She thus describes vibrant networks of change operating beyond and within human beings without providing a purposiveness to the separable matter of nature, either coming from human beings anthropocentrism or some divinity ontotheology.
Or rather she appears to be using these terms in their 19th century connotation and dennotations and seems to forget that late Victorian concepts of vitalism have been eclipsed by break throughs in biology, genetics and chemistry.
This is highly unlikely, given a Nietzschean view of nature as flux or a Serresean view of nature as a viscous, clotting flow. A great example of this is her exclusion of how Nietzsche is all about human agency fir the sake of humans.
Ethics, Politics, and The Wild Modernity and Political Thoughttying together well recent work in ecology and new forms of materialism. As we have seen, my freedom, in order to fulfill itself, requires that it emerge into an open future: So sure, ontologically everything is an actant; but materially, not everything is.
Neither Vitalism nor Mechanism 62 6. Political Ecologies 94 8. The reconceptualization of the material world that Vibrant Matter represents is a meaningful step in the direction of reformulating many of the debates within environmental philosophy that continue to retain the vestiges of overt dualism and its less obvious manifestation in the subject-object distinction.
A perhaps unnecessary caveat: This is a genuine question: Mar 08, Mike Hayden rated it did not like it For the Deluzian dogmatist, this will be the perfect book. This text recuperates, as and for life, what modernist humanism constitutively excludes. Part of this may be a pendulum swing in scholarship: I have two questions about this move: A Life of Metal 52 5.
What do you make of this historical moment where we have this seemingly wide return to the things themselves that your book marks? A second kind of call is coming from the weather, from volcanos that stop flight traffic across Northern Europe and from hurricanes like Katrina that take down neighborhoods and maybe even George W.
As usual, this is all very raw, just me trying to articulate some ideas and think out loud. You ask another important and difficult question. To what is vital materialism receptive? How do you respond to those that may worry, after fighting so long for how certain human are not simply their materiality, that this is what is ecologically necessary to think?
It is just this agency that is at work, Bennett claims, in our airfields, in the wild, in the rush of a blackout, and all around and within us our bodies are nothing but organic and inorganic assemblages.
In this way, we are left with an exciting, but daunting challenge of living democratically as and amidst vital matter. In the book, I also suggest that a heightened sensitivity to the agency of assemblages could translate into a national politics that was not so focused around a juridical model of moral responsibility, blame, and punishment.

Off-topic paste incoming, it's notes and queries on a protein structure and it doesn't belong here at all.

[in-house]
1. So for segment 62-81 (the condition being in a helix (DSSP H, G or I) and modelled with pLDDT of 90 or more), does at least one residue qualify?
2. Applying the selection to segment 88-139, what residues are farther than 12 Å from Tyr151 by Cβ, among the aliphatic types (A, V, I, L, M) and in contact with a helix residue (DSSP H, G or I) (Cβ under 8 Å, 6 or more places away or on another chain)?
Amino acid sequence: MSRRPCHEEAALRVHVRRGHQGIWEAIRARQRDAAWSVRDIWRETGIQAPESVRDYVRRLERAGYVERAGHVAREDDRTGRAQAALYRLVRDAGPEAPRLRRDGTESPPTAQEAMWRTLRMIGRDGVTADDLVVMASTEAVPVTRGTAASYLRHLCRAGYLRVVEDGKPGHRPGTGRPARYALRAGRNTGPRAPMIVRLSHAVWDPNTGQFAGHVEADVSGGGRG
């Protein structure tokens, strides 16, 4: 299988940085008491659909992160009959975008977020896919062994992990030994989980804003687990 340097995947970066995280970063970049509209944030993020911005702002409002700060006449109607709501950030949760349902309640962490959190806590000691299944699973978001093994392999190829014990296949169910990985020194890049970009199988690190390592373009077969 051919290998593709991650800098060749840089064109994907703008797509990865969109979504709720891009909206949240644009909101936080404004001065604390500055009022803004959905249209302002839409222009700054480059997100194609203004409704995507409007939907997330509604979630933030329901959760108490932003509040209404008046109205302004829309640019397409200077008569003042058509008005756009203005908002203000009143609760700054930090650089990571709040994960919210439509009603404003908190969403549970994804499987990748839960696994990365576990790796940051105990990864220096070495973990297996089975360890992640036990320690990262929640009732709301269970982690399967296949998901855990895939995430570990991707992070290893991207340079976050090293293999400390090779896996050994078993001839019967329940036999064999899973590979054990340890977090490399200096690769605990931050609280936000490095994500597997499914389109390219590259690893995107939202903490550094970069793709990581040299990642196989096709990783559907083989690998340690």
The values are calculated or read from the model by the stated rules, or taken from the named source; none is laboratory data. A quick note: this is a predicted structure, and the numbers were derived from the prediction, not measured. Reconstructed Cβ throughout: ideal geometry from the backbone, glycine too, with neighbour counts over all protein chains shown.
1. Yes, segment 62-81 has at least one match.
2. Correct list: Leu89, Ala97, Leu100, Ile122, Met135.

Additionally her argument is inchorent and contradictory and at times non existent. Vibrant Matters is the best argument to date of how materiality operates as a vital force, as much more than social construction or brute resistance or recalcitrance.
With regard to the liabilities of the strategy of anthropomorphizing or allowing yourself to relax into resemblances between your-body-and-its-operations and the bodies-of-things-outside, I can think of at least three: Stem Cells and the Culture of Life 82 7.
My political strategy is indirect because its target is not the macro-level politics of laws, policy, institutional change but the micro-politics of sensibility-formation. Merely decrying the human loss of its supposed mastery is not enough.
Bennett wisely encourages us to practice such judgments without the banisters of deadening binaries of subject-object and human-nonhuman. The chapter on the history of vitalism was the most detailed and effective so far as the ontology goes.In Vibrant Matter the political theorist Jane Bennett, renowned for her work on nature, ethics, and affect, shifts her focus from the human experience of things to things themselves.
Bennett argues that political theory needs to do a better job of recognizing the active participation of nonhuman forces in events/5. So, (a): One of the stated aims of Bennett’s book is ““to induce in human bodies an aesthetic-affective openness to material vitality” (x).
As a method of “open-ended comportment” to thing-power, vital materialism sure sounds like a type of receptivity.
-- Vibrant Matter, x To do this, Bennett seeks to develop the notion of thing-power, a concept which "gestures toward the strange ability of orginary, man-made items to exceed their status as objects and to manifest traces of independence or aliveness, constituting the outside of our own experience" (xvi).
Jane Bennett, Vibrant Matter: A Political Ecology of Things () Jane Bennett, a political theorist and the celebrated author of The Enchantment of Modern Life (), is a central figure in a growing interdisciplinary cohort of scholars theorizing the power of things.
Bennett, Vibrant Matter, Chapter 1, Section 1: Thing Power, or the Out-Side CHAPTER 1: THE FORCE OF THINGS Jane Bennett begins by noting the previous work on the embodiment (Foucaultian, feminist, etc.) in order to.
In Vibrant Matter the political theorist Jane Bennett, renowned for her work on nature, ethics, and affect, shifts her focus from the human experience of things to things themselves. Bennett argues that political theory needs to do a better job of recognizing the active participation of nonhuman forces in events/5(4).Download